What types of manure are best for the garden?Article Published on 11.01.2023 by Flavia

It is well known that if you want to grow a healthy organic garden, you should avoid using synthetic fertilizers on your plants. This can be tricky, especially when you realize how expensive and difficult it is to get organic ones. However, there is a simple way to incorporate nutrients into your garden and that is by using manure. Manure not only improves the nutrient level of the soil, but also its structure. But, unfortunately, not all types of animal manure are made the same way. While some can be used almost freely, others should be used with caution. If you’re trying to figure out which types of manure are best for the garden, read on.

You may also be interested in: Making chicken manure compost for garden plants

Why should I add manure to my garden?

Manure is animal waste, and to keep it free of potentially harmful pathogens that can harm your plants, you need to compost it first.

You can also make use of un-composted manure, but you need to do so with great caution, as it will take longer to decompose and may also contain weed seeds that can end up contaminating your beautiful garden.

On the other hand, raw manure could damage your roots and cause them to grow weak. If you add raw manure, be sure to give it time to decompose first, and it will need a constant temperature for a sustained period of time of 60°C.

Manure can provide your garden with many nutrients and beneficial bacteria.

Chicken/chicken manure

Chicken manure is undoubtedly the most beneficial manure you could provide for your garden, since it contains a large amount of nitrogen. Although all manures contain nitrogen, this one has higher amounts. Apply it in the fall or spring after it has been composted. Avoid adding this manure to acidic plants and flowers, as it can cause excessive leaf production at the expense of your flowers.

Pig manure

Composted pig manure could be beneficial to your garden, as it will add a lot of nitrogen, but not as much as the manure previously described. However, it is imperative that whenever you use pig manure in your garden you compost it first at high temperatures to kill salmonella, parasitic worms and E. coli, which could make you sick. Composting is paramount to benefit from its properties without putting your own health and that of your plants at risk.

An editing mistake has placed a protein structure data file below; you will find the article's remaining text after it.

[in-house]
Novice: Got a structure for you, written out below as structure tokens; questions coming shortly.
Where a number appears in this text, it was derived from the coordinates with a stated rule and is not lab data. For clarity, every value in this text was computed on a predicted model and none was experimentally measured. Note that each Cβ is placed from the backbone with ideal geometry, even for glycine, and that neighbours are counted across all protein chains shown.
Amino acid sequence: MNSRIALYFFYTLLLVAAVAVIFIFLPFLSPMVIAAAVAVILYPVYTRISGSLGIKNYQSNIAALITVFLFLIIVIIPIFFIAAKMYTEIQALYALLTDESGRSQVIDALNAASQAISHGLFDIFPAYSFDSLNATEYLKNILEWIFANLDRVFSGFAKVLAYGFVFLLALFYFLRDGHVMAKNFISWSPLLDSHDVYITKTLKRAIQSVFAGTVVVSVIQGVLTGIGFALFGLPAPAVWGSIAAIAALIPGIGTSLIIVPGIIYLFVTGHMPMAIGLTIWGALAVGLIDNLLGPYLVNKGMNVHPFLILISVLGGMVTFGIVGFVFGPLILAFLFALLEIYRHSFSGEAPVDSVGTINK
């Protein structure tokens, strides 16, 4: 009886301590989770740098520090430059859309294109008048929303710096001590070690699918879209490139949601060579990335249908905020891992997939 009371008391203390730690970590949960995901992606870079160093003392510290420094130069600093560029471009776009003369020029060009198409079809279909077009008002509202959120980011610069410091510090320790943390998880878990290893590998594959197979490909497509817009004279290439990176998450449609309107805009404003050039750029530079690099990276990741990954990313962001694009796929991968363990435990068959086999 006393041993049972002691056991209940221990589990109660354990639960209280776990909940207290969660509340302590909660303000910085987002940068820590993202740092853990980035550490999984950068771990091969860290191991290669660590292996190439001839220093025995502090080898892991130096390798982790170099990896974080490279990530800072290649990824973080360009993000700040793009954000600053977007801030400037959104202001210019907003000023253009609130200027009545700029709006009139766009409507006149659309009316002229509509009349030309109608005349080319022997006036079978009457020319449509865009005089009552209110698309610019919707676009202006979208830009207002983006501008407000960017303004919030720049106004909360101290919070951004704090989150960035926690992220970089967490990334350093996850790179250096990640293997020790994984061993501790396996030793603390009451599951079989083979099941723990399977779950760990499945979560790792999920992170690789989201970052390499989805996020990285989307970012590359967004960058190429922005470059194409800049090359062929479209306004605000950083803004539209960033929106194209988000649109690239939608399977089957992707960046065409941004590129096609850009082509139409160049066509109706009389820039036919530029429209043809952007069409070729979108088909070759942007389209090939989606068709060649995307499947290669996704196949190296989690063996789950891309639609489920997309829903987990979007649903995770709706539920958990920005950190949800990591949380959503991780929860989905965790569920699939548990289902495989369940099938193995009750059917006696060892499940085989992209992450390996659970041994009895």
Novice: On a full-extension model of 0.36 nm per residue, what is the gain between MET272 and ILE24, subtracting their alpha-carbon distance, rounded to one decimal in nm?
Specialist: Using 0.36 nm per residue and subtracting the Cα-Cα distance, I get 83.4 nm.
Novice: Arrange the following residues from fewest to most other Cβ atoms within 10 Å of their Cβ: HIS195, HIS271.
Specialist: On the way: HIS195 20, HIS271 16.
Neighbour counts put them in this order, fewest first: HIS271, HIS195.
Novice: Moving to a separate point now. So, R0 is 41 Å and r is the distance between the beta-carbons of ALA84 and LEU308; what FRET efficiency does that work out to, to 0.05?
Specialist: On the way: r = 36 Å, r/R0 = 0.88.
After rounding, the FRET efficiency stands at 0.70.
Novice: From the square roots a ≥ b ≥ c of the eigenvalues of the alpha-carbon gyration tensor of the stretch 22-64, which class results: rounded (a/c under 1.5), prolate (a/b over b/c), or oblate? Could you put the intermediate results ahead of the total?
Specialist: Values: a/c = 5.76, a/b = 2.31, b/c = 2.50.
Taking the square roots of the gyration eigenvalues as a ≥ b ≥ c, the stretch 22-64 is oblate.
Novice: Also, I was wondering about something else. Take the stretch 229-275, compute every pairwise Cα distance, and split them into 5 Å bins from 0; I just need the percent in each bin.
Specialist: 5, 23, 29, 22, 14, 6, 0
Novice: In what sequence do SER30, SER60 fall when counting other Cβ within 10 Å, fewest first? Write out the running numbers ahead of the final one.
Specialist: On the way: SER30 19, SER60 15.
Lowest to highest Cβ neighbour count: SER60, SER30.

Make sure to let it compost for about a year and turn it every month. Let it cook as long as possible and then you can use it.

Cow dung

Cow manure has nitrogen, but not as much as other manures. Give it plenty of time to decompose before making use of it. When it composts, it can provide you with nitrogen, phosphorus and potassium.

Cow manure is made up of digested grains and grass, but, unfortunately they can also transmit weed seeds and ammonia gas to your garden, which is something to consider.

Sheep manure

Like other manures, sheep manure has nitrogen, but it must be deposited in granular form. This very slow-release fertilizer contains potassium and phosphorus, nutrients that will help your plants have strong roots. You can also use it as an organic mulch.

Horse manure

Horse manure contains the same nutrients as cow manure. However, it is larger and usually contains many weed seeds. Give it a semester to compost and age. Horse manure is a great addition to flower, root or vegetable crops.

Other Types of Manure for Your Garden

Goat manure is very similar to sheep manure and you can add it in a similar way, while rabbit manure has four times more nutrients than cow manure and can be used to improve soil structure.

Which manures should not be used?

Avoid using cat and dog manure along with any other carnivore manure, as they may contain harmful pathogens that could make you sick.

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